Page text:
Maximize Your Shopping with State Tax Holidays

by Kevin on July 29, 2008

Every year in August or September many states grant a weekend or entire week of sales tax holidays. Parents that are doing back to school shopping save a little bit of extra money. Stores usually have sales running at the same time to encourage you to spend with them rather than the competition. Some states also provide tax holidays at other times of the year for energy efficient or disaster preparedness products.

Simply put, it’s a great way to get a pretty nice discount on items you would be purchasing even without the tax holiday. Who doesn’t like an extra 2-5% discount?

Does your state do a state tax holiday?

You may hear advertisements on the radio or television from stores reminding you of their sales on the tax holiday dates. But the easiest way to find out if your state is participating this year is to run a Google search like “(Your State) tax holiday”. For Alabama, the first result is the Department of Revenue’s page with all the information I needed to know what was going on.

Alternatively, you could just check this handy unofficial list I found. I was kind of shocked to see that not every state participates. I suppose the list could not be up to date. i thought this was a really common practice, but judging from the list it doesn’t seem to be.

What items are exempt from state tax?

It all depends on your state. In Alabama, articles of clothing under $100, computers under $750, school supplies under $50, and books under $30 all qualify. Note these are per item costs, not total. For example, you could buy two $85 pairs of jeans and they would still qualify. Two computers at $600 each still qualifies if you purchased them individually.

Alabama has a handy PDF file that explains what is and isn’t exempt.

How much will I save?

Of course that depends on the state sales tax in the state you live in. For Alabama, it is 4%. Georgia is 4%. California is 6.25%. You can find out the different tax rates at Bankrate.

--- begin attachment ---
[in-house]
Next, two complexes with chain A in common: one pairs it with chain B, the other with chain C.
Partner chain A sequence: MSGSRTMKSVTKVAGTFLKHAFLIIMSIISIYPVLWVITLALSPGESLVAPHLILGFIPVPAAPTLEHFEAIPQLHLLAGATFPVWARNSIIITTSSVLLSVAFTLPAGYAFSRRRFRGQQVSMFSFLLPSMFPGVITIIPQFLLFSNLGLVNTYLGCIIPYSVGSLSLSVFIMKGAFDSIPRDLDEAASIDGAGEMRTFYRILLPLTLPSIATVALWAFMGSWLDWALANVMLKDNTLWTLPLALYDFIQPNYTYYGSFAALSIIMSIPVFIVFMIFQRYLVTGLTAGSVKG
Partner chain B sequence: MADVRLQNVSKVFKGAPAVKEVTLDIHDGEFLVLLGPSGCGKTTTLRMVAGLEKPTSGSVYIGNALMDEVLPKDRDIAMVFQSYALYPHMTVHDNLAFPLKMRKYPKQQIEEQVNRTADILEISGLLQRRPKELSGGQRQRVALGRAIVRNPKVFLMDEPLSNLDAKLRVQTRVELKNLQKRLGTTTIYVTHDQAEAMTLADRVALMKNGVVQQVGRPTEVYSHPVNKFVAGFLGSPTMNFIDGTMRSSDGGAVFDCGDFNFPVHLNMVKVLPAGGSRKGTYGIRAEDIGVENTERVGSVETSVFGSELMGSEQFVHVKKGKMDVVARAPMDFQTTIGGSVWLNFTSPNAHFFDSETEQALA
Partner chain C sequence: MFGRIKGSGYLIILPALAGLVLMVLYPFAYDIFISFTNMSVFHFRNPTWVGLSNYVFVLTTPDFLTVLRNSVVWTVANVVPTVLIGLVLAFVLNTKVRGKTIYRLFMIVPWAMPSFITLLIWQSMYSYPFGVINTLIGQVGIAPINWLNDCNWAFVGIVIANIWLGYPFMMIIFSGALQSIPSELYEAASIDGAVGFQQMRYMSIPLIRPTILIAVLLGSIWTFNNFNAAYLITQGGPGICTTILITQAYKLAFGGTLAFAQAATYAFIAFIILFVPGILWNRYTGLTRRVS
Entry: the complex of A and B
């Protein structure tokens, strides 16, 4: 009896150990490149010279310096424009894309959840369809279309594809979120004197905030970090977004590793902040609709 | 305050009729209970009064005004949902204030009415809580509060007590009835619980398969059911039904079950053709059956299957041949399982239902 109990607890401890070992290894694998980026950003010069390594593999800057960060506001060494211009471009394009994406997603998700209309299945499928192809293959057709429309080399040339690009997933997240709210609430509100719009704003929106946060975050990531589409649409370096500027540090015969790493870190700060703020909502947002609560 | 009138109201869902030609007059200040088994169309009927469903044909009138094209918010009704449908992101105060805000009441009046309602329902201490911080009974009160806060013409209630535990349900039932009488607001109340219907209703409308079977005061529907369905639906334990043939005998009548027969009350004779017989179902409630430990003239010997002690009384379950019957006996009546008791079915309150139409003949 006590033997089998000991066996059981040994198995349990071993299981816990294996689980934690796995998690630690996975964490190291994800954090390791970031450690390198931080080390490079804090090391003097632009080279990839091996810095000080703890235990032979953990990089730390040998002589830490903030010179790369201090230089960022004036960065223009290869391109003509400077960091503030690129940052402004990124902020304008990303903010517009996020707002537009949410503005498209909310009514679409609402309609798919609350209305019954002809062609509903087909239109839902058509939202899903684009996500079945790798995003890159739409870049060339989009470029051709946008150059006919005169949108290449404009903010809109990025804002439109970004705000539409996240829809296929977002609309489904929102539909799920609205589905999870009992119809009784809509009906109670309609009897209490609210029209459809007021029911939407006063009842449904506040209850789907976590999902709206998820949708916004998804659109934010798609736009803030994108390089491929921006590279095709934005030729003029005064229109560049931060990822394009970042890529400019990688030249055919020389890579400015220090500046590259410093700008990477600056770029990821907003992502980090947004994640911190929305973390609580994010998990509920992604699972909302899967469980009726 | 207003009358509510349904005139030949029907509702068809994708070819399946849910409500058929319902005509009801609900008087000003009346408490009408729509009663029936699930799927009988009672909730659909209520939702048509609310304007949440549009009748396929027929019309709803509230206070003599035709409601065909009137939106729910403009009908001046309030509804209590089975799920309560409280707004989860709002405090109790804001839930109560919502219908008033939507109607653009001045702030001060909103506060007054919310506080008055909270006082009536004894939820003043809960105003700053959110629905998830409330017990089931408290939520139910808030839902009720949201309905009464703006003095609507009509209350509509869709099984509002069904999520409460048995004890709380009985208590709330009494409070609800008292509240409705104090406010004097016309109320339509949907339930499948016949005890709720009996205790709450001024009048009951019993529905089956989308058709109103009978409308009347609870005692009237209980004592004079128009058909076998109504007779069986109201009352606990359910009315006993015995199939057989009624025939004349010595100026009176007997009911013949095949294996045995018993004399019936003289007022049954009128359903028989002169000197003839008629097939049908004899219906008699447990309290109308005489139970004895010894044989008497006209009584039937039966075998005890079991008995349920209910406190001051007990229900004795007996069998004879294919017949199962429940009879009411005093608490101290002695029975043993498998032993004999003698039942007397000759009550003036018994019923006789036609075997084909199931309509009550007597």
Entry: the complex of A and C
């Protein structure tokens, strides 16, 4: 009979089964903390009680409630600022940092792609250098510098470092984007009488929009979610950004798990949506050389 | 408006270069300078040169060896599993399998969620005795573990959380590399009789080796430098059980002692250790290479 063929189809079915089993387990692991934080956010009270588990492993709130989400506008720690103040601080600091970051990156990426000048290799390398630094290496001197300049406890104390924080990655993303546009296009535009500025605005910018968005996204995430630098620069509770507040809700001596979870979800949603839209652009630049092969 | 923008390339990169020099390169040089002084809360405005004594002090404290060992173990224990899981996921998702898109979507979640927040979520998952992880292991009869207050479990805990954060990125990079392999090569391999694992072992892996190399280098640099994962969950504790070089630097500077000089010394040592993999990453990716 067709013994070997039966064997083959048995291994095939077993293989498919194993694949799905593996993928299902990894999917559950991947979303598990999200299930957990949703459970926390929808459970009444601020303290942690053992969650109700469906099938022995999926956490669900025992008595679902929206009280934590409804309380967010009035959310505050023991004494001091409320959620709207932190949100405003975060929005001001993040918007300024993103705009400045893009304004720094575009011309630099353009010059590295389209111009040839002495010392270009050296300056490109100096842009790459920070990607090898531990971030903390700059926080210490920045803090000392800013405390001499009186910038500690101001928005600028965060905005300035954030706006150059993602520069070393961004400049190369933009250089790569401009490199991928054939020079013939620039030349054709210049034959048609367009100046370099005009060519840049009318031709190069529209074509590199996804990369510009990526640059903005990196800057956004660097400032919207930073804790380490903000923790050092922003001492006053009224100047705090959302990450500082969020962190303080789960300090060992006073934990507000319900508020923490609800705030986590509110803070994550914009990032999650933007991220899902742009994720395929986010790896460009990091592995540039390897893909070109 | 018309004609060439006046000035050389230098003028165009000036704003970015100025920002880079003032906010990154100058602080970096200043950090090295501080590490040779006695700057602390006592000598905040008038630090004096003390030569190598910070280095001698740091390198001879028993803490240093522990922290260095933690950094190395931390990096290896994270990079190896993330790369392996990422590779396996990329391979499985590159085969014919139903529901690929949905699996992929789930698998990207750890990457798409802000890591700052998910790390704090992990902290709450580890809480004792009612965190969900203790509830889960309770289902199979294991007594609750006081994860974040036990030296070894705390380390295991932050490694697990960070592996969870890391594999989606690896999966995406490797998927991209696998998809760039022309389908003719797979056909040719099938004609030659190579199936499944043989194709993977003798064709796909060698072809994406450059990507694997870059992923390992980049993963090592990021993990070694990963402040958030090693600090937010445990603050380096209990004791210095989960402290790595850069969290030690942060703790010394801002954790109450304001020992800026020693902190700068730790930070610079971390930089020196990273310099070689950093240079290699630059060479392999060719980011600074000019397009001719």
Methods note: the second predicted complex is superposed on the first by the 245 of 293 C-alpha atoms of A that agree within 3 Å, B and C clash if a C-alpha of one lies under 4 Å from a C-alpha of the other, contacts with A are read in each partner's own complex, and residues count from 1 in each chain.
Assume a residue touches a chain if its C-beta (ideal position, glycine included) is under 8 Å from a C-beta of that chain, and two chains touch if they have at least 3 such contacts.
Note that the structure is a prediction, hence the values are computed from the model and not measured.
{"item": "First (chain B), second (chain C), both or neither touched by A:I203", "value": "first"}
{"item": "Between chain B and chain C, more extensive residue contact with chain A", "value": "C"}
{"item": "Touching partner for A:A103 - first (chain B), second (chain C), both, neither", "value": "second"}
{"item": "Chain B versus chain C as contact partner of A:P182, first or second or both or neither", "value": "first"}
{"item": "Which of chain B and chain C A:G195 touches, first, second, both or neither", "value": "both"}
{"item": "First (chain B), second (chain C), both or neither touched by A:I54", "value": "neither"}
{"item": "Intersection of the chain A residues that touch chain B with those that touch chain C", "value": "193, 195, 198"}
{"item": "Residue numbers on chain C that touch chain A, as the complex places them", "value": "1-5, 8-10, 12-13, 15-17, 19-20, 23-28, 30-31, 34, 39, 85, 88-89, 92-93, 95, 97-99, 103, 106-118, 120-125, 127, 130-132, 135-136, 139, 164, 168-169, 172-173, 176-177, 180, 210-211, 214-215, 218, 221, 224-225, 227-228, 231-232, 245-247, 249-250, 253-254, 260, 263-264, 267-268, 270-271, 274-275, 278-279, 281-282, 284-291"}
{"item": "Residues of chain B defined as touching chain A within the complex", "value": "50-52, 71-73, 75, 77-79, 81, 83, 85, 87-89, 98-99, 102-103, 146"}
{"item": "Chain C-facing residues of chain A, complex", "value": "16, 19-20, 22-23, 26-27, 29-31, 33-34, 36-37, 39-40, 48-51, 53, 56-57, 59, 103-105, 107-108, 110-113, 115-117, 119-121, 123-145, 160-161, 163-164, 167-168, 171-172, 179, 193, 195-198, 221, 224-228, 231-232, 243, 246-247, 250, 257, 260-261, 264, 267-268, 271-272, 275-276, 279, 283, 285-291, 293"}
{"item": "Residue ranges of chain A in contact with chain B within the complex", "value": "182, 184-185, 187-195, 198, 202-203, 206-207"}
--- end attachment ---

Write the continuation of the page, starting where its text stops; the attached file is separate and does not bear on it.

So for me, anything I buy that qualifies this weekend is automatically going to save me 4%. But wait, there’s more.

Some municipalities will also suspend some or all of their sales tax to further incentivize you to spend. In one of our major counties around here they are giving an extra 1% off. Again this will depend state to state, locality to locality, so you need to find your local information.

On top of all that, as I mentioned before, many stores will run sales to encourage you to spend with them.

Don’t Abandon Frugal Practices

The only downside to tax holidays (beside everyone shopping at the same time) is you are encouraged to buy, buy, buy. Like any other sale tactic that stores reguarly use, you need to remember to only buy what you really intended to buy. Just because something is an additional 10% off doesn’t mean it goes in your shopping cart.

If you’re shopping for clothes for the kids, great, do your back to school shopping. But if you wouldn’t normally buy those $85 pair of jeans then don’t. The discount is great, but if you spend double what you budgeted then you’ve lost in the long run.

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Brown Thumb » Blog Archive » Shopping Trip 2008
July 31, 2008 at 2:43 pm
Festival of Frugality #137 | Bargain Briana
August 6, 2008 at 9:44 am

{ 4 comments }

Ashley @ Wide Open Wallet July 29, 2008 at 10:40 am

I’ve never even heard of a state tax holiday. Weird.

Kym July 29, 2008 at 1:41 pm

Wow, where in California is it only 6.25%? I’ve lived in LA, San Diego, and right now the OC and I’ve paid 8.25% in LA, and 7.75% in the other two. And we have no state tax holidays, that I could find. Blah!

Michael Smith July 29, 2008 at 4:37 pm

Also, here in Georgia we’re seeing a lot of retailers combining a big sale with the tax free weekend – like a local shoe store offering a “buy one, get the second of equal or lesser value half-off” sale during tax free shopping days. Great time for us to save on new shoes! (And yes, Kevin, I do really NEED new shoes – I’ve almost got a hole in these soles)

Kevin July 29, 2008 at 10:44 pm

@Kym: The -state- tax was listed at 6.25% in California… that doesn’t include local sales taxes.

@Smith: Yea, yea, we’ve all heard your stories… 🙂

@Ashley: Really?

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